Secretary of State's Action Ensures No Democratic Opposition in November General Election
ATLANTA – The ACLU of Georgia sued the Secretary of State in Superior Court of Fulton County, appealing the Secretary of State’s Friday decision to kick off the ballot Maria Palacios, a Latina-American who has lived in Georgia since 2009 and became a United States citizen last year. Ms. Palacios, a Democrat, is running for state representative in House District 29, a district that is 60% people of color with a 43% Hispanic population. Because Ms. Palacios is the only candidate in the Democratic primary and no write-in candidates are allowed in primaries, forcing her off of the ballot would ensure no Democratic opposition in the November general election.
Georgia’s constitution requires candidates to be a “citizen of the state” for two years prior to being elected to office. The ACLU of Georgia argued to the Secretary of State that Ms. Palacios satisfies the definition of “citizen of the state” because she has resided in Georgia since 2009.
“For centuries, courts around the country have recognized that ‘citizen of a state’ means someone who is either a resident or a domiciliary of that state. The Georgia Constitution requires that candidates for the State House of Representatives be citizens of the state for at least two years at the time of the election,” stated the ACLU of Georgia in its filing to the Superior Court. “Maria Palacios has undisputedly been both a resident and domiciliary of the State of Georgia since 2009, [therefore] she satisfies that legal requirement.”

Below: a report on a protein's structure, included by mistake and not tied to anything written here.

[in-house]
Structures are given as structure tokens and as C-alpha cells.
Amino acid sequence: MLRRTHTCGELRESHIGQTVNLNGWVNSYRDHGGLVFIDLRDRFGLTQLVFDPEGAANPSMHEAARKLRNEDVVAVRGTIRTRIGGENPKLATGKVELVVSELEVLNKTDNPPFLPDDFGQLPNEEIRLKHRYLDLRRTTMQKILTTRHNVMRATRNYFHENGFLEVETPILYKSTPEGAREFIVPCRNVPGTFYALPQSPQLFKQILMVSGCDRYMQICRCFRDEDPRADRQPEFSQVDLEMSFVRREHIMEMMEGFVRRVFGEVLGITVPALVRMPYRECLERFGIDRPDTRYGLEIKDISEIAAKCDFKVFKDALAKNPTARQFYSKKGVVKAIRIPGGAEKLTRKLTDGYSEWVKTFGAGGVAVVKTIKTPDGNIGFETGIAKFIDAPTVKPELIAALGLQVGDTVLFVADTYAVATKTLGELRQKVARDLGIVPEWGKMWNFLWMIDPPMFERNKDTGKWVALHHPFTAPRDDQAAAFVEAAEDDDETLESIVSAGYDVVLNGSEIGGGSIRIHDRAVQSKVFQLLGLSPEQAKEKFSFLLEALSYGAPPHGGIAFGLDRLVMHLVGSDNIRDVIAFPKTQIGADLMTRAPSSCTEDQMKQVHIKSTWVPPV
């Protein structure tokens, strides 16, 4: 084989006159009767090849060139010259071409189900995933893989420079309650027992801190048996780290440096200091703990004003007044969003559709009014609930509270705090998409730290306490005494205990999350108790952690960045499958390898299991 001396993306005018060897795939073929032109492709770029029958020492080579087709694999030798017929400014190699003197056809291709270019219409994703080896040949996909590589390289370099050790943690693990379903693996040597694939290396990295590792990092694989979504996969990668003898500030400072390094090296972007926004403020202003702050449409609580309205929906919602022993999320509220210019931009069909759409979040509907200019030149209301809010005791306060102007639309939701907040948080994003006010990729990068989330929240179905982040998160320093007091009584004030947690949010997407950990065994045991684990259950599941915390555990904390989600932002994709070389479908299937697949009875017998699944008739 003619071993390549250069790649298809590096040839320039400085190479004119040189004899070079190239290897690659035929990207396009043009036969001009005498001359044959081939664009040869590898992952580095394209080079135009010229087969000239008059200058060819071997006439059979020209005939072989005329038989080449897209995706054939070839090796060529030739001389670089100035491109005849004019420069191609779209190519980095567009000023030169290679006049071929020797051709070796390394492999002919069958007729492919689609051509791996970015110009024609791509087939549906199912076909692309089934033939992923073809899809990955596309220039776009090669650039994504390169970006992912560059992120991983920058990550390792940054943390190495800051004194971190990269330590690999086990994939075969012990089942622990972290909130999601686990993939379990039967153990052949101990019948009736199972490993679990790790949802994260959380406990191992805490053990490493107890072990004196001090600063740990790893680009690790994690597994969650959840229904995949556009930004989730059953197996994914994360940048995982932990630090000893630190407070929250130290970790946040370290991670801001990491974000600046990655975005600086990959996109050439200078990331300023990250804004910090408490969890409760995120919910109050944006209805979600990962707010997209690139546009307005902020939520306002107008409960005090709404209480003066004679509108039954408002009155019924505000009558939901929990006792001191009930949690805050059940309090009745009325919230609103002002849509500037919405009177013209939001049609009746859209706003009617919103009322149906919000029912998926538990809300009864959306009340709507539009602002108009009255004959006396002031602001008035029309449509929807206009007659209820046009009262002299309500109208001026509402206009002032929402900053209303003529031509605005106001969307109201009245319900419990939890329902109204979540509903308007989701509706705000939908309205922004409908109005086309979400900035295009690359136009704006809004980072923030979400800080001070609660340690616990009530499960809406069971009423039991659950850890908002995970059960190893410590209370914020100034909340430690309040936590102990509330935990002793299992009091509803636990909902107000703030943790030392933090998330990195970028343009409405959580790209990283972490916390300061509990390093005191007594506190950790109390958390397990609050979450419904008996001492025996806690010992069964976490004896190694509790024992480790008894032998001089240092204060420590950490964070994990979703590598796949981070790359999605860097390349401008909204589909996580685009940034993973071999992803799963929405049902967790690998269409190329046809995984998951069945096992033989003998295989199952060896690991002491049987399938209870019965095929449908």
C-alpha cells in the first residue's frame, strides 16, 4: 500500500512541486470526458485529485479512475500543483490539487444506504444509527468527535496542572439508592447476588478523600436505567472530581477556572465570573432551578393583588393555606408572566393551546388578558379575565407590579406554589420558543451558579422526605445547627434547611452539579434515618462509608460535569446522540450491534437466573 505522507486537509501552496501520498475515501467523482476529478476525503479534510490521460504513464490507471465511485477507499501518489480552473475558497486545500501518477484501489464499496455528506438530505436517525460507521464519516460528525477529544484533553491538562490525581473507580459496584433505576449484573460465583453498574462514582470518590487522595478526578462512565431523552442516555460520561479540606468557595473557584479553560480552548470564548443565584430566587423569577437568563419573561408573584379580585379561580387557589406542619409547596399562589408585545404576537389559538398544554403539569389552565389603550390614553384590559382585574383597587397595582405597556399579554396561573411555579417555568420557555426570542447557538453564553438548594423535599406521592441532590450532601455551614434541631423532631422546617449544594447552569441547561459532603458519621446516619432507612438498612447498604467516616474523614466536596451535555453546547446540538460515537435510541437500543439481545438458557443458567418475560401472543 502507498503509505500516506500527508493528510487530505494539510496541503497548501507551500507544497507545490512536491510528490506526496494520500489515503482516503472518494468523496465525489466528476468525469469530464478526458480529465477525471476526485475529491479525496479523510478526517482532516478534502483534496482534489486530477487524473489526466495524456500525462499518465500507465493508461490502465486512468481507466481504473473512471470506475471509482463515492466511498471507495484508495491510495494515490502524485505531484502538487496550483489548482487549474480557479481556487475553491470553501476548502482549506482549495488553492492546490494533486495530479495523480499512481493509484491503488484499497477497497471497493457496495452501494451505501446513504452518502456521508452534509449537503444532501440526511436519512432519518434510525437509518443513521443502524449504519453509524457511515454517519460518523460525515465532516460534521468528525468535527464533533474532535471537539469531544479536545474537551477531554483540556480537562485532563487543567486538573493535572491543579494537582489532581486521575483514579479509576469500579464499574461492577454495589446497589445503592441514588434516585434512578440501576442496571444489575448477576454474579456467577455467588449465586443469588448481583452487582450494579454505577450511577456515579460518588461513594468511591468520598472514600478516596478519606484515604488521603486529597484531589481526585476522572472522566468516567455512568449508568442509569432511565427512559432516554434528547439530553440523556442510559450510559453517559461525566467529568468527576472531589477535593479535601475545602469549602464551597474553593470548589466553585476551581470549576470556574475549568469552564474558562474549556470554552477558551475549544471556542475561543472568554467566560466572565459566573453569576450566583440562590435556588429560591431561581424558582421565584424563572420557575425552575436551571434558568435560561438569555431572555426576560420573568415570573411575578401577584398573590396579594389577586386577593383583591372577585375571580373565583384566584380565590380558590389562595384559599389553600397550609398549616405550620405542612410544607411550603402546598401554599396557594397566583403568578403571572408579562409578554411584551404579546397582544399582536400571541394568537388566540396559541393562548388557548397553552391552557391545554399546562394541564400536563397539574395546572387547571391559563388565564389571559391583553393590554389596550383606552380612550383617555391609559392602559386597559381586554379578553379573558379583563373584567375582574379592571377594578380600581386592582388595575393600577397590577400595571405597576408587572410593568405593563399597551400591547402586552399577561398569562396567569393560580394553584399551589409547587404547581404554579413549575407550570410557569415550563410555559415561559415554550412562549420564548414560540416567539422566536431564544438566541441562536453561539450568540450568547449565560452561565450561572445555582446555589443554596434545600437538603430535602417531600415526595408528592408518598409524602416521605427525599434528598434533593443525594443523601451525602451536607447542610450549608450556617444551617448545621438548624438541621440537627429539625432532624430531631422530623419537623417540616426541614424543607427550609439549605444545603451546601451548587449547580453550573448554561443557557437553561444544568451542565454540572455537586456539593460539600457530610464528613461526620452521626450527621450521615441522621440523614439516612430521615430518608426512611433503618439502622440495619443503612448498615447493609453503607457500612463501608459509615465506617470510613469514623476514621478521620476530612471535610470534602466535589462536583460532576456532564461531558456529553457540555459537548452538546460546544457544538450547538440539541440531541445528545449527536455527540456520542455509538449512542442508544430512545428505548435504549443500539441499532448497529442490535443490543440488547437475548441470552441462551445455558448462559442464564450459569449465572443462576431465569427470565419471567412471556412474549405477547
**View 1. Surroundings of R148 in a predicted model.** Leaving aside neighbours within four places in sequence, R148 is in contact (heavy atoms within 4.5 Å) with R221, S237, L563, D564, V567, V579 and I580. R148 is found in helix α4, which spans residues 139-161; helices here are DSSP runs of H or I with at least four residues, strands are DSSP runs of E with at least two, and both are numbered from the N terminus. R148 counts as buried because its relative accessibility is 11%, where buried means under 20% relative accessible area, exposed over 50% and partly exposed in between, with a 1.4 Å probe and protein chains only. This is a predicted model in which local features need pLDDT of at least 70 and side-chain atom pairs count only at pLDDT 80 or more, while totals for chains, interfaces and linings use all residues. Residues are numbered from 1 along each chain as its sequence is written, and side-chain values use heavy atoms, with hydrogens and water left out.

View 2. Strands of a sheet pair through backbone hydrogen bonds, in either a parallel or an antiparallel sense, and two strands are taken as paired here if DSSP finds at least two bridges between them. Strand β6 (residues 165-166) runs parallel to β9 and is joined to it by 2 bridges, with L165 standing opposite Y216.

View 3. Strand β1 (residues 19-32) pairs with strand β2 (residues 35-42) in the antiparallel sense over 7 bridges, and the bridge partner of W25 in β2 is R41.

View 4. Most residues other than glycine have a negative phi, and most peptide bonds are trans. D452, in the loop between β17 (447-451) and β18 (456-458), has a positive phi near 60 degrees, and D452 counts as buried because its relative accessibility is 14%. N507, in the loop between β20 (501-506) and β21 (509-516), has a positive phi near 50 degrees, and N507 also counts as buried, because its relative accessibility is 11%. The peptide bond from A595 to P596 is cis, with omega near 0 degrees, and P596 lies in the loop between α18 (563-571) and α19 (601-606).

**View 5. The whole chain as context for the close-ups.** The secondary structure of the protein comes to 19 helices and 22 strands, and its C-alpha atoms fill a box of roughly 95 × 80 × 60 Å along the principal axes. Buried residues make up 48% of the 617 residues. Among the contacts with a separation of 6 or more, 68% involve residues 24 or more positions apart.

The Secretary of State, on the other hand, has asserted without citing any judicial authority that Ms. Palacios doesn’t satisfy the constitutional qualification since she became a US citizen last year. As the petition argued, however, courts around the country have long held that United States citizenship is not required to be a citizen of a state.
“The Georgia Constitution allows longtime Georgia residents who become United States citizens to honorably serve their communities as elected leaders, regardless of their party affiliation or national origin,” stated Sean J. Young, Legal Director of the ACLU of Georgia. “The Secretary of State should uphold the Georgia Constitution’s inclusive vision of democracy, instead of undermining it with deeply flawed legal reasoning.”
The ACLU of Georgia asked the court to reverse the Secretary of State’s decision, and place Ms. Palacios on the November 6, 2018, general election ballot as the Democratic nominee for Georgia State House District 29. The ACLU of Georgia has also asked the court to restore Ms. Palacios to the ballot for the Tuesday, May 22 Democratic Primary, if necessary.